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by Vault Careers | September 13, 2011


President Barack Obama has created the American Jobs Act; a $447 billion plan that he hopes will be able to stimulate job creation.  He has presented his plan to Congress with hopes of having it passed in a timely manner.  His ability to create jobs will determine whether he gets to keep one.  But what will the American Jobs Act actually accomplish?

Obama Plans to Push the American Jobs Act Through Congress - Associated Press Photo by Seth WenigTax Cuts.  The President’s plan will cut in half the taxes paid by businesses on their first $5 million in payroll, targeting the benefit to the 98 percent of firms that have payroll below this threshold.  It will also completely eliminate payroll taxes for firms that increase their payroll by adding new workers or increasing the wages of their current workers (the benefit is capped at the first $50 million in payroll increases).  Small businesses benefit greatly here.  With large companies getting so many of the breaks, it’s nice to see the little guy get some benefits, too.  Small businesses drive job creation. 

Tax Relief.  Obama plans to continue and deepen the payroll tax cuts for workers that began this year.  The previous cuts led to that little extra money you saw in your paycheck each week.  By cutting payroll taxes in half for 160 million workers next year, an extra $1,550 would go to taxpayers earning $50,000 a year.    At the same time, the plan would allow for more Americans to refinance their mortgages at the current near 4% interest rates.  That act alone would put an additional $2,000 a year in a family’s pocket.  The hope here is that with more money, families will spend more.  If The Wilson Family spends a little more on U.S. goods, American companies will make more money and possibly hire more workers, creating a domino effect that will help lift the economy out of the ashes.  But what happens if the Wilsons buy imported goods?  And what happens if they decide to save their money for a rainy day?  These questions still need to be addressed. 

Putting Workers Back on the Job.  This is an interesting aspect of the job act that includes a bulk of what Obama hopes will lead to the creation of new jobs.  One part of the plan includes a “Returning Heroes” hiring tax credit for veterans.  This provides tax credits from $5,600 to $9,600 to encourage the hiring of unemployed veterans.  Efforts will also be made to help prepare veterans for re-entering civilian life.   Who can argue with a plan to give back to veterans who have given so much for the country?

Other aspects of the plan include efforts to prevent up to 280,000 teacher layoffs, while keeping cops and firefighters on the job.  No job creation here, but with so many facing layoffs every day, this effort will help maintain economic stability and allow them to spend a little more freely without the stress of not knowing if their job is safe. 

The president would also like to set aside $30 billion to modernize schools across the country – building new science labs; creating Internet-ready classrooms; and providing much needed renovations to aging buildings.  In addition, $50 billion would be used for road and bridge projects.  A bank would also be set up to finance more public works projects.  I believe a similarly ambitious effort took place during the FDR Administration and it helped create new jobs.  However, more spending is a scary proposition, despite Obama’s pledge that this plan will be paid for without increasing our debt.  At the same time, who can question America’s need to modernize?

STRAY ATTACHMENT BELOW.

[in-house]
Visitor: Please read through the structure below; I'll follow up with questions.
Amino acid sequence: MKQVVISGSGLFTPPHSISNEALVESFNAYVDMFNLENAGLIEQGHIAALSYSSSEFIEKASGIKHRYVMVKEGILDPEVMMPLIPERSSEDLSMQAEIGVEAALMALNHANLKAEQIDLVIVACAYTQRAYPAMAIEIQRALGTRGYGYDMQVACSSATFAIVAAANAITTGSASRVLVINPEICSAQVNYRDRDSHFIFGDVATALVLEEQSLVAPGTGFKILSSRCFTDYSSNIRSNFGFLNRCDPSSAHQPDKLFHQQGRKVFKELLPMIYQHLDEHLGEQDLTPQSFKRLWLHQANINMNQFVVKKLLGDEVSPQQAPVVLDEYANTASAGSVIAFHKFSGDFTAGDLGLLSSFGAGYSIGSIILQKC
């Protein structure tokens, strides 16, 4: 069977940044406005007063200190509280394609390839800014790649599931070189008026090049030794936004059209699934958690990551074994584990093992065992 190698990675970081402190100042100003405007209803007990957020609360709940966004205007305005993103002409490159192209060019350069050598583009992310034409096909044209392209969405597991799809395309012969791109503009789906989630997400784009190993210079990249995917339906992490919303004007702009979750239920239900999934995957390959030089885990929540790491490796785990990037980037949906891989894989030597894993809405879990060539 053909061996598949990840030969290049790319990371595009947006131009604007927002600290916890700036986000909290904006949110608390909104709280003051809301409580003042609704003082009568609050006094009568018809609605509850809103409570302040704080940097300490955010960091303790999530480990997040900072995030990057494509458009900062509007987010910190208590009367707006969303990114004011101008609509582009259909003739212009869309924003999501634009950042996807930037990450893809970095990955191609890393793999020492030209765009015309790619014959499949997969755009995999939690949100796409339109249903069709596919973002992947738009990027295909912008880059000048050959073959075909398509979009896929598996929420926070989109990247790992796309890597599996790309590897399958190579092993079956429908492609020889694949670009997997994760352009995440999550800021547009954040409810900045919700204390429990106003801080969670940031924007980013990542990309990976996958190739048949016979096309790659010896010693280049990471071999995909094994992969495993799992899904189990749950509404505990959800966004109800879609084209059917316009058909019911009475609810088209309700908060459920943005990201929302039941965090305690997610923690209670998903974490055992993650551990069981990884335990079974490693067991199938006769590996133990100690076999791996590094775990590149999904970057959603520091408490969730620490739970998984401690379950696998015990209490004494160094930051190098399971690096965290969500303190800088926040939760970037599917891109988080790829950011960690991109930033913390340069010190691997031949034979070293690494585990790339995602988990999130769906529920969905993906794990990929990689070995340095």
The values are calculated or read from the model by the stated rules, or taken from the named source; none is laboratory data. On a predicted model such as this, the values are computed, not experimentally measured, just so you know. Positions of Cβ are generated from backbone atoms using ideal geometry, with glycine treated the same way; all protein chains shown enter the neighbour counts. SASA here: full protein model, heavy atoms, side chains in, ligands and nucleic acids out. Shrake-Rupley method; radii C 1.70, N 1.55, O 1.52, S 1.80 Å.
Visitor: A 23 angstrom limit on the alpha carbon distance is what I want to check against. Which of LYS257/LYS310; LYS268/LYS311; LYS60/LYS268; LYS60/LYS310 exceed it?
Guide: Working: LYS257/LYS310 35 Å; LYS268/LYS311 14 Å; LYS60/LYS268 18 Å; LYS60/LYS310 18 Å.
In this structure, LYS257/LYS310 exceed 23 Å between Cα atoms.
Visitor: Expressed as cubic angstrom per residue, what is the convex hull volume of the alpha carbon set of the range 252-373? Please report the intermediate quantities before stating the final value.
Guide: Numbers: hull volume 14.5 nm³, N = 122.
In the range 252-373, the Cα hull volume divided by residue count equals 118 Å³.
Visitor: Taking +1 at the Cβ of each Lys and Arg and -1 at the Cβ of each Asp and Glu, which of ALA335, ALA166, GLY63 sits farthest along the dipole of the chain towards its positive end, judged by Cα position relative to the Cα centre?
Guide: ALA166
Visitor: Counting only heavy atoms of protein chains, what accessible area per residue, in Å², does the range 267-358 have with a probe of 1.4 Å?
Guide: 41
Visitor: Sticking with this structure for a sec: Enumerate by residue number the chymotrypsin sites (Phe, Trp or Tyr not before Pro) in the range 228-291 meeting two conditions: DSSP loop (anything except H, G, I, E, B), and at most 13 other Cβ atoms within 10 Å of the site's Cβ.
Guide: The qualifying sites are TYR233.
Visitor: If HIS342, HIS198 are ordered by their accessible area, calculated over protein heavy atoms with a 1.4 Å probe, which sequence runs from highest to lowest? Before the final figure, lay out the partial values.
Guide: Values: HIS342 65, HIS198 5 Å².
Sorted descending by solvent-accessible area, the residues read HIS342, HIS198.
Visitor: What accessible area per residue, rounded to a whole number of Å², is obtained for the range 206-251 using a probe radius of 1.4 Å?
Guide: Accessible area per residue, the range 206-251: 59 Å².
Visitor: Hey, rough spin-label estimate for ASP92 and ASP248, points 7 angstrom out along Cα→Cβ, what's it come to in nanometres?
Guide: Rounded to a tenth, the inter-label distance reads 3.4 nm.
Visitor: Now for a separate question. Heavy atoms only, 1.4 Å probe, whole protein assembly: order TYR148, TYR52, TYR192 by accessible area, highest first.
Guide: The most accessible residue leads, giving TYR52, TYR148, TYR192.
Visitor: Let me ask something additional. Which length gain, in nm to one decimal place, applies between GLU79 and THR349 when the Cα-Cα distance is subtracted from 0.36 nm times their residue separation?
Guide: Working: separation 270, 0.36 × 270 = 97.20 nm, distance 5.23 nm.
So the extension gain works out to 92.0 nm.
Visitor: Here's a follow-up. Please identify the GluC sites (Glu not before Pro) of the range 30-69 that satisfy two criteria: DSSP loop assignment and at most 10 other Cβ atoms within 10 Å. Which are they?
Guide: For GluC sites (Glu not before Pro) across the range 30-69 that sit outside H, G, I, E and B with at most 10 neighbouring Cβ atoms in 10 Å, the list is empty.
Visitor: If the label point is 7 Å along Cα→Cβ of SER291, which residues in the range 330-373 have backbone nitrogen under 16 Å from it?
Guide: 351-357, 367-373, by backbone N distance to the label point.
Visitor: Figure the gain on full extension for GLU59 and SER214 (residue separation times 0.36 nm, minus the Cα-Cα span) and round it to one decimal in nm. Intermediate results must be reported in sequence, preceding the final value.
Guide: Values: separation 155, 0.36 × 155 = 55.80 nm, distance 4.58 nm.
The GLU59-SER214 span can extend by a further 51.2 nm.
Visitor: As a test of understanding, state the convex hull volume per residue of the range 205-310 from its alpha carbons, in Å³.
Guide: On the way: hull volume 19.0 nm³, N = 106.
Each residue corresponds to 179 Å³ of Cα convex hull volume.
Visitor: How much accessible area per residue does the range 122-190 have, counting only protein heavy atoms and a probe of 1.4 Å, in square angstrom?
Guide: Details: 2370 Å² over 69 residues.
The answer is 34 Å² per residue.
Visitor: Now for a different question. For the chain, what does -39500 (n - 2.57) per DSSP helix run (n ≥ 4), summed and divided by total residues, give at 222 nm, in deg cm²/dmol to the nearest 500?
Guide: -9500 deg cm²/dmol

Pathways Back to Work.  The president would like to extend emergency unemployment benefits to prevent 5 million Americans looking for work from losing their benefits.  He has added some interesting tweaks, including providing unemployment insurance for workers whose employers choose work-sharing over layoffs and a new “Bridge to Work” program that would build on and improve state programs where those displaced take temporary or volunteer work or pursue on-the-job training. 

One intriguing aspect of the plan will make it easier for unemployed workers to start their own business through unemployment insurance.  Small business growth helps an economy recover and by allowing the unemployed who have always wanted to start their own business, the ability to do so, might create new opportunities for job growth in the future.  Another interesting aspect of the program would provide a $4,000 tax credit to employers for hiring long-term unemployed workers.  I equate this to my old days in food retail where we moved old product closer to the top and new product at the bottom.  It’s the same principle, but one that is very practical when considering how hard it is for the long-term unemployed to find a job.  Employers will also not be allowed to discriminate against unemployed workers when hiring, but I find that hard to prove. 

The plan also looks to expand job opportunities for low-income youth and adults through a fund for subsidized employment, innovative training programs and summer/year-round jobs for youth.

--Jon Minners,


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